Confidence amongst both buyers and sellers is returning, with property website Rightmove highlighting that property prices have risen at their highest rate for several years over the past month or so.
So, if you are looking for property and you have identified a home that appears the choice for you, what other potential pitfalls do you need to consider?
Below we have outlined the biggest things to look out for, whether you are a cash buyer or arranging a mortgage, from budgeting to legal rights. The below points are relatively specific and are intended for those looking to purchase the freehold as opposed to a long-term leasehold.
A Survey is Essential
Whatever property you purchase, from a 100-year-old property to a new build flat, a survey will need to be carried out. Due diligence is especially important if you decide to purchase a property at a property auction.
You will be encouraged by an agent that there are no problems, but often there are underlying issues not visible to the eye that often surface months or even years after the purchase of the property. Defects and expensive repairs, if found, can stop you from the purchase, or at least give you room to negotiate the price further.
A survey also shows previous works that have been done on a property. This could give you piece of mind if unaccounted for work has been carried out that you will not need to do yourselves. This of course also alerts you to unauthorised works on the house.
Advice should be sought from the surveyor you choose regarding the form of survey carried out. Any irregularities in the property would be require a full survey, whereas a homebuyer’s survey, something less time consuming and costly, is recommended for a conventional, modern property.
Stamp Duty Requirements
Stamp duty is payable on almost all property transactions, and often makes up a significant chunk of the property purchase. With the rules getting more complex all the time, it is important you stay up to date on what you will owe.
There are talks that, in the immediate future, the stamp duty threshold could be raised to £500,000. First time buyers are currently exempt for purchases up to £300,000 and a lower rate up to £500,000. Others pay between 2 and 12 percent, depending on the value of the property.
If you already own a property you will have to pay an additional 3 percent on top of the above.
The Legal Title
Title documents are available online for the property you are interested in through the land registry. This will contain crucial information about the legal rights and obligations surrounding the particular property.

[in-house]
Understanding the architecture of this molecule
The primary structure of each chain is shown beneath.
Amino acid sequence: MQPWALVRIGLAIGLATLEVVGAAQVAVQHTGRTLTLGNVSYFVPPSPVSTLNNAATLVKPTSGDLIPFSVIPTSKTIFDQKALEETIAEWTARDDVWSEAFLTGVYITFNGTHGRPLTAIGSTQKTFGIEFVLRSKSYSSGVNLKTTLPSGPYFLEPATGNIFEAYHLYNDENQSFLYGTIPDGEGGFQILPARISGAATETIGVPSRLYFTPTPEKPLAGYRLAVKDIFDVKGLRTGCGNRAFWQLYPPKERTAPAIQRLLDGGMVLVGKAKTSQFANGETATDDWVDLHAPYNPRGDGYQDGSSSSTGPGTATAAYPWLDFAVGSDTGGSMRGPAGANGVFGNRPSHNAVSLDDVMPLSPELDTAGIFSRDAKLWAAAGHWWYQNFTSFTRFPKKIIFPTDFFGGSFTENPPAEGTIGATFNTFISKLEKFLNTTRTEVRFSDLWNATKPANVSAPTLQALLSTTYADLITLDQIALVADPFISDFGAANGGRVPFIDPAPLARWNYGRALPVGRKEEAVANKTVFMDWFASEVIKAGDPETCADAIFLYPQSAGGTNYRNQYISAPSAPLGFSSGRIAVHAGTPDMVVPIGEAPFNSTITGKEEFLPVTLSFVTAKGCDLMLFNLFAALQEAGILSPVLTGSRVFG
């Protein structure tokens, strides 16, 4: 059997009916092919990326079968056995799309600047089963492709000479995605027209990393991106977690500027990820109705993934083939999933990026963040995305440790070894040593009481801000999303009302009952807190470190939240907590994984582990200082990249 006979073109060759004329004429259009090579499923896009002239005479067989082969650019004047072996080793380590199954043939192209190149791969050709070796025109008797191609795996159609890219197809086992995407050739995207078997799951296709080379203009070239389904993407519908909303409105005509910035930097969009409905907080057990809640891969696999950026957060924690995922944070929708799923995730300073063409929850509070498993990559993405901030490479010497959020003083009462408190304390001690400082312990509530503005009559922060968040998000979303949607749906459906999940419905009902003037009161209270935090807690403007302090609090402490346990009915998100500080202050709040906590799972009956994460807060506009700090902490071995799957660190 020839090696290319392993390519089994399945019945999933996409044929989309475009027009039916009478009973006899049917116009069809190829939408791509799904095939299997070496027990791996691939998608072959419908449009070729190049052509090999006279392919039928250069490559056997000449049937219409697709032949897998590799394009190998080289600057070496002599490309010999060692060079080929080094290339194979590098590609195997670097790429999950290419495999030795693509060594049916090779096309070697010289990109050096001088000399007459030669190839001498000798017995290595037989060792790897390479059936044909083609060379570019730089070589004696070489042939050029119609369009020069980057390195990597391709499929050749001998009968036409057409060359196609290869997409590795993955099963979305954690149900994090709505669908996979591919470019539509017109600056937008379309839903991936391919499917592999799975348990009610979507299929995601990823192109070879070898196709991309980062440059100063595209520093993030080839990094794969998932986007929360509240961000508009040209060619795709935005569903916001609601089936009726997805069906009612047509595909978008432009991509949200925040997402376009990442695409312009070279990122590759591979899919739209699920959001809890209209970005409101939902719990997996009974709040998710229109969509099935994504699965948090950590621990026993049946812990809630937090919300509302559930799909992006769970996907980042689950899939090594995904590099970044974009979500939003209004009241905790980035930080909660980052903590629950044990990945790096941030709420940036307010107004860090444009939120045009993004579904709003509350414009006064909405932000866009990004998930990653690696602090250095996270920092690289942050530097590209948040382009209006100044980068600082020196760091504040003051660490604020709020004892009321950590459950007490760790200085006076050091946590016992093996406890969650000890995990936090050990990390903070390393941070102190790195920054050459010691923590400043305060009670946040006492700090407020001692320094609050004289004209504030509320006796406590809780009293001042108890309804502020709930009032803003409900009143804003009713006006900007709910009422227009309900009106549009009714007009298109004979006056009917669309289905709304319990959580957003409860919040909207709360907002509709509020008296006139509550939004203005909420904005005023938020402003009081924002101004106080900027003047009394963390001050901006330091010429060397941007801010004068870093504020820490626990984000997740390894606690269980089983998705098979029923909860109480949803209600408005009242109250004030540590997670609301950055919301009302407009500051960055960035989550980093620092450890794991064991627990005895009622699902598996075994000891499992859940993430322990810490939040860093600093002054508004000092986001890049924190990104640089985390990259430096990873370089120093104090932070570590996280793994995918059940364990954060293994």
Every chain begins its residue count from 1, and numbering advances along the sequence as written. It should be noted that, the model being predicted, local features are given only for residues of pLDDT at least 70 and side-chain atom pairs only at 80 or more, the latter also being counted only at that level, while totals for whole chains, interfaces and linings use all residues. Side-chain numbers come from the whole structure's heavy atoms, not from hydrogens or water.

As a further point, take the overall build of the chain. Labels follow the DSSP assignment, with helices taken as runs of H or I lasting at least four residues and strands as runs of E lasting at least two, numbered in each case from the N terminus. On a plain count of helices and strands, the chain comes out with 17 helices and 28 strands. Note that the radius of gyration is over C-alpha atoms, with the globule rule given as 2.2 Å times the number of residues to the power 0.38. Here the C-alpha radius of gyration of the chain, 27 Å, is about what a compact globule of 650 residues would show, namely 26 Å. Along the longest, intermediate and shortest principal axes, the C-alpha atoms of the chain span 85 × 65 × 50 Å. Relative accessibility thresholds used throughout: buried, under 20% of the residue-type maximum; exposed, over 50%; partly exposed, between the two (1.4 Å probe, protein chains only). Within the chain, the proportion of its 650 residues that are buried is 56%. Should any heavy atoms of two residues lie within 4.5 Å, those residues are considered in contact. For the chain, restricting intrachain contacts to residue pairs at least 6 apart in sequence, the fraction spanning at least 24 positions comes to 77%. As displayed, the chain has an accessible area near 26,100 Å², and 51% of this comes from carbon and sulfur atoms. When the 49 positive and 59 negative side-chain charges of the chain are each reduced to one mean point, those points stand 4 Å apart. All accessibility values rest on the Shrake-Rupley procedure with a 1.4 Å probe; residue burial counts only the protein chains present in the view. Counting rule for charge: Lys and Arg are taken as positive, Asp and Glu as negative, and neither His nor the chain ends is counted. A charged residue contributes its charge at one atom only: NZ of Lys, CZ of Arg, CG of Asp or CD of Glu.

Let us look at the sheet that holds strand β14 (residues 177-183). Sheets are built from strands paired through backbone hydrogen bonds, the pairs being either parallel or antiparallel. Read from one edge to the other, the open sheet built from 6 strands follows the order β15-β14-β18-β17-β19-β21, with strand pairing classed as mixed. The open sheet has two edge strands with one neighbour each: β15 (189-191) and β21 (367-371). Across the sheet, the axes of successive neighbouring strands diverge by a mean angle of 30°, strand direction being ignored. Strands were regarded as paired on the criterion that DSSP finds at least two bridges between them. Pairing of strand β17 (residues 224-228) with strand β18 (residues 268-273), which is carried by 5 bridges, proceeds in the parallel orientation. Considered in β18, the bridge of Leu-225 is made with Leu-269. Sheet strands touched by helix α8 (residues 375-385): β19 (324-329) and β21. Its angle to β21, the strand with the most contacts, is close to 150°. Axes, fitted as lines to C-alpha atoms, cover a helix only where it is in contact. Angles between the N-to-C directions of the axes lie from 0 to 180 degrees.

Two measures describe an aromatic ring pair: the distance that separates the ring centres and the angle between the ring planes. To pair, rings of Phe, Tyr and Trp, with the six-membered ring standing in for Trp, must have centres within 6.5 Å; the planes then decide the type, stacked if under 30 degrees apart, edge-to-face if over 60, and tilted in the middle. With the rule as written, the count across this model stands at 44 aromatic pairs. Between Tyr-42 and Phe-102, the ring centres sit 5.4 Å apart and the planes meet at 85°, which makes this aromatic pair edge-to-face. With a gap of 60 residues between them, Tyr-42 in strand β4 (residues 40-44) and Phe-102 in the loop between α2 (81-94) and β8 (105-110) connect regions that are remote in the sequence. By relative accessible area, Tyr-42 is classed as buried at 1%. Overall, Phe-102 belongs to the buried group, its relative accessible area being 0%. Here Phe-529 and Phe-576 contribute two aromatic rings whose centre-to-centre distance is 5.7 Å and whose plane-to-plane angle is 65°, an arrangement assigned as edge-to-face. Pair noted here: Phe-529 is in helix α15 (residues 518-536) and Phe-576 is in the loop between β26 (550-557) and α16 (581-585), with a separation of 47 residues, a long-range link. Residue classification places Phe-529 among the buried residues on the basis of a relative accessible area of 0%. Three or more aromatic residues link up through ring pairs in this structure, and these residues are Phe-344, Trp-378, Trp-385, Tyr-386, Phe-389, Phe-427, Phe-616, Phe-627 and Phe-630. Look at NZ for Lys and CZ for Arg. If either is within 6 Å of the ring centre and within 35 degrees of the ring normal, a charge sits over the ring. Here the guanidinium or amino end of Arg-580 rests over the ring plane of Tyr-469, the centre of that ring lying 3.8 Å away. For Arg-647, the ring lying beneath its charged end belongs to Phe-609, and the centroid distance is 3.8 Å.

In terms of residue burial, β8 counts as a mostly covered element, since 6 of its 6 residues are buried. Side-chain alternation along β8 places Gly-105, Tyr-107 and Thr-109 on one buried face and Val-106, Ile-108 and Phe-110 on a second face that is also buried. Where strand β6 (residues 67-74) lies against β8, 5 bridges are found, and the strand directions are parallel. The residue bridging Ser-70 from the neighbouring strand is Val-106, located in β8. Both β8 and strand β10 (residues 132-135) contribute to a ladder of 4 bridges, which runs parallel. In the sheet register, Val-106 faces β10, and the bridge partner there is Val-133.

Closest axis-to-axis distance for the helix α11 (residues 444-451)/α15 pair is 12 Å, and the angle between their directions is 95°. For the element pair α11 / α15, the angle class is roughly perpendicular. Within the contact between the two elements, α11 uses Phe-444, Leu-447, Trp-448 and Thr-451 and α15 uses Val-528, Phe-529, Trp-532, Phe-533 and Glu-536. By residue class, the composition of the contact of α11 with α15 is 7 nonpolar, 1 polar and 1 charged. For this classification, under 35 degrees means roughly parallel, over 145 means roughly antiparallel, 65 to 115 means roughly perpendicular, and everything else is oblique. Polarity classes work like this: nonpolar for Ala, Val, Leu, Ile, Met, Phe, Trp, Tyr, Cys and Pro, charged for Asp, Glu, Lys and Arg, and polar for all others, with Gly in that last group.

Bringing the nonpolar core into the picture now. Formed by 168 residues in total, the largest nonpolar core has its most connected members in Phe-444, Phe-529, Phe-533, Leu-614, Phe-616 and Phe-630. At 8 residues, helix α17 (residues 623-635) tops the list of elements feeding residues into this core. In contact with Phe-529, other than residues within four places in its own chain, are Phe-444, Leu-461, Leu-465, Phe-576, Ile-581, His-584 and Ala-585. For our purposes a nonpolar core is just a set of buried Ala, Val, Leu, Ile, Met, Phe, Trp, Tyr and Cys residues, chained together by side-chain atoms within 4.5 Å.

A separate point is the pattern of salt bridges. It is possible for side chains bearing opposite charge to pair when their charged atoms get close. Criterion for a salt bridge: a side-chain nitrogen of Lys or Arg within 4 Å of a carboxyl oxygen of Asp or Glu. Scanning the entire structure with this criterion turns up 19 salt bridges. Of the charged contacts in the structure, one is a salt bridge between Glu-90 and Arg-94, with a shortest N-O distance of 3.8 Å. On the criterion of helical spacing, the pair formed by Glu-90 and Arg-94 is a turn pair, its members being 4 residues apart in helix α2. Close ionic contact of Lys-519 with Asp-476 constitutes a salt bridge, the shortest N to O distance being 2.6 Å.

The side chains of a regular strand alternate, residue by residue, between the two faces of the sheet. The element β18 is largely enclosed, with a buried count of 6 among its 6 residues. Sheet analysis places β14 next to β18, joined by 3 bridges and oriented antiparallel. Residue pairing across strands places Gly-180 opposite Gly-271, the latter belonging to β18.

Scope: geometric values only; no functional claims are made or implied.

Chances are you will use a solicitor to aid in the purchase of your property, and they will deal with the land registry documents (and the above stamp duty). However, there is no harm in doing so yourself.
You will need to look out for restrictive covenants, these being rules imposed on the use of the property as part of the previous dealings. This is reviewed for the potential restrictions on rights to build and renovations. This can even flag things such as a neighbour right of way, which in extreme cases runs through the prospective properties garden.
However, these are sometimes historic and not capable of enforcement, but it is interesting at the very least to see how the property started and its history!
Access to the Property
You need to make sure you have reviewed access to the property. Whilst most houses join onto a public road which is not an issue, some homes have privately owned land before reaching a public road, this not always being obvious upon inspection.
Again, your solicitor should check this. If they have not, insist that they do. If the land is owned by another, this could be a deal breaker when purchasing the house as you would not have a right to drive through this to park your car.
Method of Purchase
Are you intending to purchase with cash or taking out a mortgage? Or will it be a combination of the two?
The results of the previous surveys (or lack thereof) can hinder your chances of securing a mortgage if the results are not positive, even if you are happy with the results of the survey yourself. Whilst a solicitor will draw attention to this before applying, that doesn’t prevent the difficulties you may face.
With mortgage rates remaining so low, it is a favourable time to borrow money for the mortgage. That said, ensure the property is worth at least the amount you wish to borrow and practice good credit practice to ensure that the money is secured at the end of the mortgage term.
Watch Out For Fraud
Surprisingly, fraud continues to be an issue in the property market, though not all that common.
Things to look out for are commonly in the ‘seller’ not actually owning the home. Once the sale goes through, the fraudster disappears without trace until the fraud is flagged. Once again, a solicitor should easily identify this issue, but it is always recommended that you are aware of this potential risk when purchasing property.
High risk flags are unmortgaged properties, sellers with limited knowledge of the property they are selling and transaction having pressure to be pushed through, with the process ultimately being rushed.
Never succumb to peer pressure when it comes to purchasing property, even if the seller is claiming there are others interested. This is a massive financial decision you will be making and requires a lot of patience to ensure everything is just right.
Make sure you register for the Land Registry’s property alert service that will automatically alert you to any application being made to change the title register.
Following the above tips will ease the purchase of property and cover your back. Shell out for a goof surveyor and solicitor, this will likely save you money in the long term and provide greater ease of mind.